Legalbrief, 19 March, 2019
|Pollution: Coal power killing 1 850 a year in SA – Greenpeace
Eskom estimates that emissions from its coal-fired power stations kill 534 people a year – but an independent review of Eskom’s data estimates that the number of people who die is at least 1 850 a year. According to a Fin24report, Greenpeace says Eskom has misled the public and the government by underestimating the health costs of its 13 coal power stations. It believes that Eskom’s down-playing of the health costs is an attempt by the utility to get a postponement from government in having to comply with air pollution legislation. Complying with the legislation would require Eskom to ‘retrofit’ its power stations by installing new emission control equipment on its entire coal fleet, an expensive outlay on an ageing fleet. Eskom maintains that a cost-benefit analysis has shown that the high cost of installing equipment to cut harmful emissions far outweighs the benefits to human health. This was the gist of Eskom’s application to the Department of Environment Affairs when it applied for a postponement in having to meet the emission standards. But the independent experts commissioned by Greenpeace to review Eskom’s data in its application, say Eskom’s analysis is flawed, and that the benefits of fitting the emissions-control equipment are at least five times greater than Eskom had calculated.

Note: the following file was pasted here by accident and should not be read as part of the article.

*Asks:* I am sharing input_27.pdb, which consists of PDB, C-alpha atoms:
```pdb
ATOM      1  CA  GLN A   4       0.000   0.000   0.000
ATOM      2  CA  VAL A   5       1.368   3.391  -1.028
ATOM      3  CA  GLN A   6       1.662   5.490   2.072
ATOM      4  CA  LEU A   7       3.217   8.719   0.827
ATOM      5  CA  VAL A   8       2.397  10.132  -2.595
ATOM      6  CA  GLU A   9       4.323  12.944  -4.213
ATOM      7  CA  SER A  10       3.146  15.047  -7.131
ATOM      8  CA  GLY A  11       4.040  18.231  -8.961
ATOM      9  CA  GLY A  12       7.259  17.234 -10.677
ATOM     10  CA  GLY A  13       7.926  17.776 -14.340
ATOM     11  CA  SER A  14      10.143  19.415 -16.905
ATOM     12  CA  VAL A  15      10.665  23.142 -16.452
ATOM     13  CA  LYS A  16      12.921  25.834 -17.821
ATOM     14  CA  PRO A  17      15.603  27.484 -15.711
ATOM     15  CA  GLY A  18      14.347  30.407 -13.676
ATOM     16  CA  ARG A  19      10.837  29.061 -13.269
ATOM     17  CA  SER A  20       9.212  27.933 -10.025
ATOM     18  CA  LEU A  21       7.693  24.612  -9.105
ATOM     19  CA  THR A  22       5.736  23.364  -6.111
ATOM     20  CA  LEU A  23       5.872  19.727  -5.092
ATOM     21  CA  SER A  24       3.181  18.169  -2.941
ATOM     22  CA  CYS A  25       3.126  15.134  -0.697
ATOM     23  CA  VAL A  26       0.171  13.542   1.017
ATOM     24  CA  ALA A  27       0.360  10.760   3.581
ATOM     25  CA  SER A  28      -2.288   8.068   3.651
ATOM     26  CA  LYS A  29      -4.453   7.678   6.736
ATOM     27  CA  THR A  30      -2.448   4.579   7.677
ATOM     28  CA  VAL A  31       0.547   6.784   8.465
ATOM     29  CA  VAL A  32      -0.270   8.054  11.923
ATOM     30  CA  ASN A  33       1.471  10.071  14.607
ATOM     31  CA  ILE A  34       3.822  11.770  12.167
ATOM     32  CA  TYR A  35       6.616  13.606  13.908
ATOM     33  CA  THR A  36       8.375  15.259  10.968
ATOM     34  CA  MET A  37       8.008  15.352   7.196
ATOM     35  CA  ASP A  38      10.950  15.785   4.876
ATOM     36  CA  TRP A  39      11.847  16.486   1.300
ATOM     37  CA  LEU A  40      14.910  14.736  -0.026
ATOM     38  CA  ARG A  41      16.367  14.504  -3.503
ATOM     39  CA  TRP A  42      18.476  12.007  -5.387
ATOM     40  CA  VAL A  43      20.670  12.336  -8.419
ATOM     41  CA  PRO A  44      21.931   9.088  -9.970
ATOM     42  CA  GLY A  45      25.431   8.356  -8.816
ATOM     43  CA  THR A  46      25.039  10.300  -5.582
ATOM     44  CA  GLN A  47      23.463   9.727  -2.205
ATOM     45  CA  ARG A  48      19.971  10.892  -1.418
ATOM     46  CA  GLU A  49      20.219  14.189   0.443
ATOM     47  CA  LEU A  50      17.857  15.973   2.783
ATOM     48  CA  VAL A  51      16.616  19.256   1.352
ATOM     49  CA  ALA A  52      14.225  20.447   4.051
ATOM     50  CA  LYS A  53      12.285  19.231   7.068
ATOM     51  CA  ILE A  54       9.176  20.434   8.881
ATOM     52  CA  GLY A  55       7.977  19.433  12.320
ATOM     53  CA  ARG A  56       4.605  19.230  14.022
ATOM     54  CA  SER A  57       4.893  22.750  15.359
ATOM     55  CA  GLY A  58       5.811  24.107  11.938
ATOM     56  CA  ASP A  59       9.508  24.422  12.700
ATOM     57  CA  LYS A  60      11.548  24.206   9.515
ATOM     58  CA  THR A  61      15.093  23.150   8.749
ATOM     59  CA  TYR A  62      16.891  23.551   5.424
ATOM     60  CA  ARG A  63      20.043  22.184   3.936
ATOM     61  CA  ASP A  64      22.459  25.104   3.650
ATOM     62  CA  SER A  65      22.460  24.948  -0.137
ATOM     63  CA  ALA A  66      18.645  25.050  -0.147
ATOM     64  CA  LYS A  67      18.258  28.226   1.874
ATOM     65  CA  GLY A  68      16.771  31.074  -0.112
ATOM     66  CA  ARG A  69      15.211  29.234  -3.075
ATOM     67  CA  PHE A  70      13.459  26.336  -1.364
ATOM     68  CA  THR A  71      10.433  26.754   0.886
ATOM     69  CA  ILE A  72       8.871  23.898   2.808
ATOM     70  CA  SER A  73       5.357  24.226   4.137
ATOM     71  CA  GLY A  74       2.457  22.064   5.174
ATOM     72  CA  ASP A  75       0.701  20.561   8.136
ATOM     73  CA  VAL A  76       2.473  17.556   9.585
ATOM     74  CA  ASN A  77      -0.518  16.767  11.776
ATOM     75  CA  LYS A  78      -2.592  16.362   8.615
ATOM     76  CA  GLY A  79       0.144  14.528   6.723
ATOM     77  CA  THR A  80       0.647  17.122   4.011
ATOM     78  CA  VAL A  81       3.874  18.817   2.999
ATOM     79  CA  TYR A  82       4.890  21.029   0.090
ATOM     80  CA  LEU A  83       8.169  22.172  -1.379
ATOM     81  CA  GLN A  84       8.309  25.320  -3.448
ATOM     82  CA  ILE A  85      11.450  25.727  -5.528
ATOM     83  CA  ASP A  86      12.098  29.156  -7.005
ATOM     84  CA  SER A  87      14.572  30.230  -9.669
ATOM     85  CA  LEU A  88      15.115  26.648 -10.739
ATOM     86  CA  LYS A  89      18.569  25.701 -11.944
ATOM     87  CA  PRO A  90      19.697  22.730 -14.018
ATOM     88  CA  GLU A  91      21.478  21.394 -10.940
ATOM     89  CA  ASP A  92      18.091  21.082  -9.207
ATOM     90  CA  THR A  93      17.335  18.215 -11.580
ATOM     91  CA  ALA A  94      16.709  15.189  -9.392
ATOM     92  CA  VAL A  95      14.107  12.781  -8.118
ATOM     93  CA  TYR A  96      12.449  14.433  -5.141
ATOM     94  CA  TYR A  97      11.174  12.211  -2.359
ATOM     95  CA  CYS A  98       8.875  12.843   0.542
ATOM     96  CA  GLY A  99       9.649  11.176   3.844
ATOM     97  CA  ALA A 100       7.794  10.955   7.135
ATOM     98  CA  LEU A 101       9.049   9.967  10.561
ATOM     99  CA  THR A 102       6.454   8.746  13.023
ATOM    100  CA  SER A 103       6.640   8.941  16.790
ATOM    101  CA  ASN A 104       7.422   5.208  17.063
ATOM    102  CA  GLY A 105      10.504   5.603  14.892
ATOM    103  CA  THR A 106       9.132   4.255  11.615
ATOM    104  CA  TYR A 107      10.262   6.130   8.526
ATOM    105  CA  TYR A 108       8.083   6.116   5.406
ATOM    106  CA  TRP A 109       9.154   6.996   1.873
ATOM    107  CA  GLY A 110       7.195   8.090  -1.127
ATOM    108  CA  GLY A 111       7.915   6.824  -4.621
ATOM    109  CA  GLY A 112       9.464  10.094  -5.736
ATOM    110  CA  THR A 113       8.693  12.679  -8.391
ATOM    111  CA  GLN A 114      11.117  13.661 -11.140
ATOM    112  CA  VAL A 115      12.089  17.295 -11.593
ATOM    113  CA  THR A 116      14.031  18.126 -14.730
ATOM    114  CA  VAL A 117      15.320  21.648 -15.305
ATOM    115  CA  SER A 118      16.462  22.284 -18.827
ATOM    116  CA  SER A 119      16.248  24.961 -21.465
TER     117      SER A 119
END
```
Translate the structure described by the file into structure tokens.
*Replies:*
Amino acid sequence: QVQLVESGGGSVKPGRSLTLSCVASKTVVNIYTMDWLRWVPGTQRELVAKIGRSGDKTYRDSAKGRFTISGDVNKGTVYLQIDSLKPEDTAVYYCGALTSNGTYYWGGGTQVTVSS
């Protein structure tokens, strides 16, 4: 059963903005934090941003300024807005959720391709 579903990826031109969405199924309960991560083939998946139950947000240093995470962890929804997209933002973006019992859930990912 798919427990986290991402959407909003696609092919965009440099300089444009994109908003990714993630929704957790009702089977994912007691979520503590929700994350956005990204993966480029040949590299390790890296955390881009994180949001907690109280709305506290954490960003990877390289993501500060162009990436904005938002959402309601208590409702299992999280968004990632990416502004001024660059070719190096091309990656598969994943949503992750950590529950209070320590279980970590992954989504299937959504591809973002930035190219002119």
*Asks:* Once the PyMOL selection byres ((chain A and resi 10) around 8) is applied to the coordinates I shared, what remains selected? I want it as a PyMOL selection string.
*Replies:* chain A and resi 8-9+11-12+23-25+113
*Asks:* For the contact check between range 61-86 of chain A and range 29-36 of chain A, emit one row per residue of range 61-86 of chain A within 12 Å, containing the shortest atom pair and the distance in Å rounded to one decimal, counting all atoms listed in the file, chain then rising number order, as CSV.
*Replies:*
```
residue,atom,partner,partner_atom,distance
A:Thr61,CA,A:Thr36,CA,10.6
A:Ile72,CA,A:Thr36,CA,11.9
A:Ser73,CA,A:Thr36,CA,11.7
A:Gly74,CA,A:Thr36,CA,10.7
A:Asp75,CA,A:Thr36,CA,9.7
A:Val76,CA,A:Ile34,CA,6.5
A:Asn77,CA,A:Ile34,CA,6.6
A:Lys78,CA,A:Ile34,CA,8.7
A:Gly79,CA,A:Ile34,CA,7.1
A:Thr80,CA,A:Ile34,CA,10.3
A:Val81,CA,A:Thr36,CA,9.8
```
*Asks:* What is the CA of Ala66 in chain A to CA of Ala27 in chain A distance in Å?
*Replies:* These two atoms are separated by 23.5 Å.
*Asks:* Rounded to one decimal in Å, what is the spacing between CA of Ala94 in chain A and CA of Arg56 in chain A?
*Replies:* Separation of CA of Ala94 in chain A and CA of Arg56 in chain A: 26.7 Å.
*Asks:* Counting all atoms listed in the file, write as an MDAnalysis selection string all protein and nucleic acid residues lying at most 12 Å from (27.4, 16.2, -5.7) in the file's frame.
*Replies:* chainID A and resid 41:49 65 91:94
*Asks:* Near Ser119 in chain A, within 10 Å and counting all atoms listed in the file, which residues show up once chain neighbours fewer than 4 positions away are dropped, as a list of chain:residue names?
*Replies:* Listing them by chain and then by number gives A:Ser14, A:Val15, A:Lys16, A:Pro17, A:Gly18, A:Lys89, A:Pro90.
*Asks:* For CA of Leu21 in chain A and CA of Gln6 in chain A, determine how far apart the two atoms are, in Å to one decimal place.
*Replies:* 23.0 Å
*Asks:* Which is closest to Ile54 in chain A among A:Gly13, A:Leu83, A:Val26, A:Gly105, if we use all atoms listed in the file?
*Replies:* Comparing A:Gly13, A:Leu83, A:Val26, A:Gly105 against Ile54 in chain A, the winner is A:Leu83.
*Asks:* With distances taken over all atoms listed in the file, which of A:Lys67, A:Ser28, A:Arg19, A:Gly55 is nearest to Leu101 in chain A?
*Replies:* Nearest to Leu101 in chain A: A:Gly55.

Still with the dangers of coal pollution: Environmental justice organisation groundWork last week launched a new report, Boom and Bust in the Waterberg. The study documents the history of coal mega projects that have reshaped this remote corner of the country. A report on thegroundWork site notes that the NGO opposes any more development in the area. It said: ‘as the impacts of climate change are increasingly devastating, and the Waterberg is particularly vulnerable, we conclude that developing more coal mines and power stations constitute climate crimes. More coal would also leave mountains of smouldering discard dumps and large ash heaps producing pollution at ground level’. ‘Another energy future is necessary as a matter of survival and requires a rapid phase out of coal and a just transition to people’s power and a more equal society,’ the report quotes groundWork as saying.
|Litigation: Coal transporters seek to block IPP deals
Eskom’s deals with independent power producers (IPPs) came under scrutiny when the Coal Transporters Forum yesterday asked the Gauteng High Court (Pretoria) to prevent the parastatal from signing any agreements with the producers. A TimesLIVE report notes that the forum has asked the court to stop Eskom from signing power purchase agreements with a number of IPPs pending the National Energy Regulator (Nersa) decision on granting generation licences to the IPPs. The IPPs themselves, Eskom, the Energy Minister and Nersa have all opposed the application, urging the court to dismiss it with costs. Judgment has been reserved. Wim Trengove SC, for the IPPs, said the forum sought to interdict the conclusion of the purchase power agreements, but he said: ‘The evidence … is that all these agreements, but for three, have been concluded.’ He added that as an alternative relief, the forum had sought an order declaring that the agreements were invalid. ‘These administrative decisions may only be set aside on review. At no time did the forum contend these agreements are unlawful,’ Trengove said.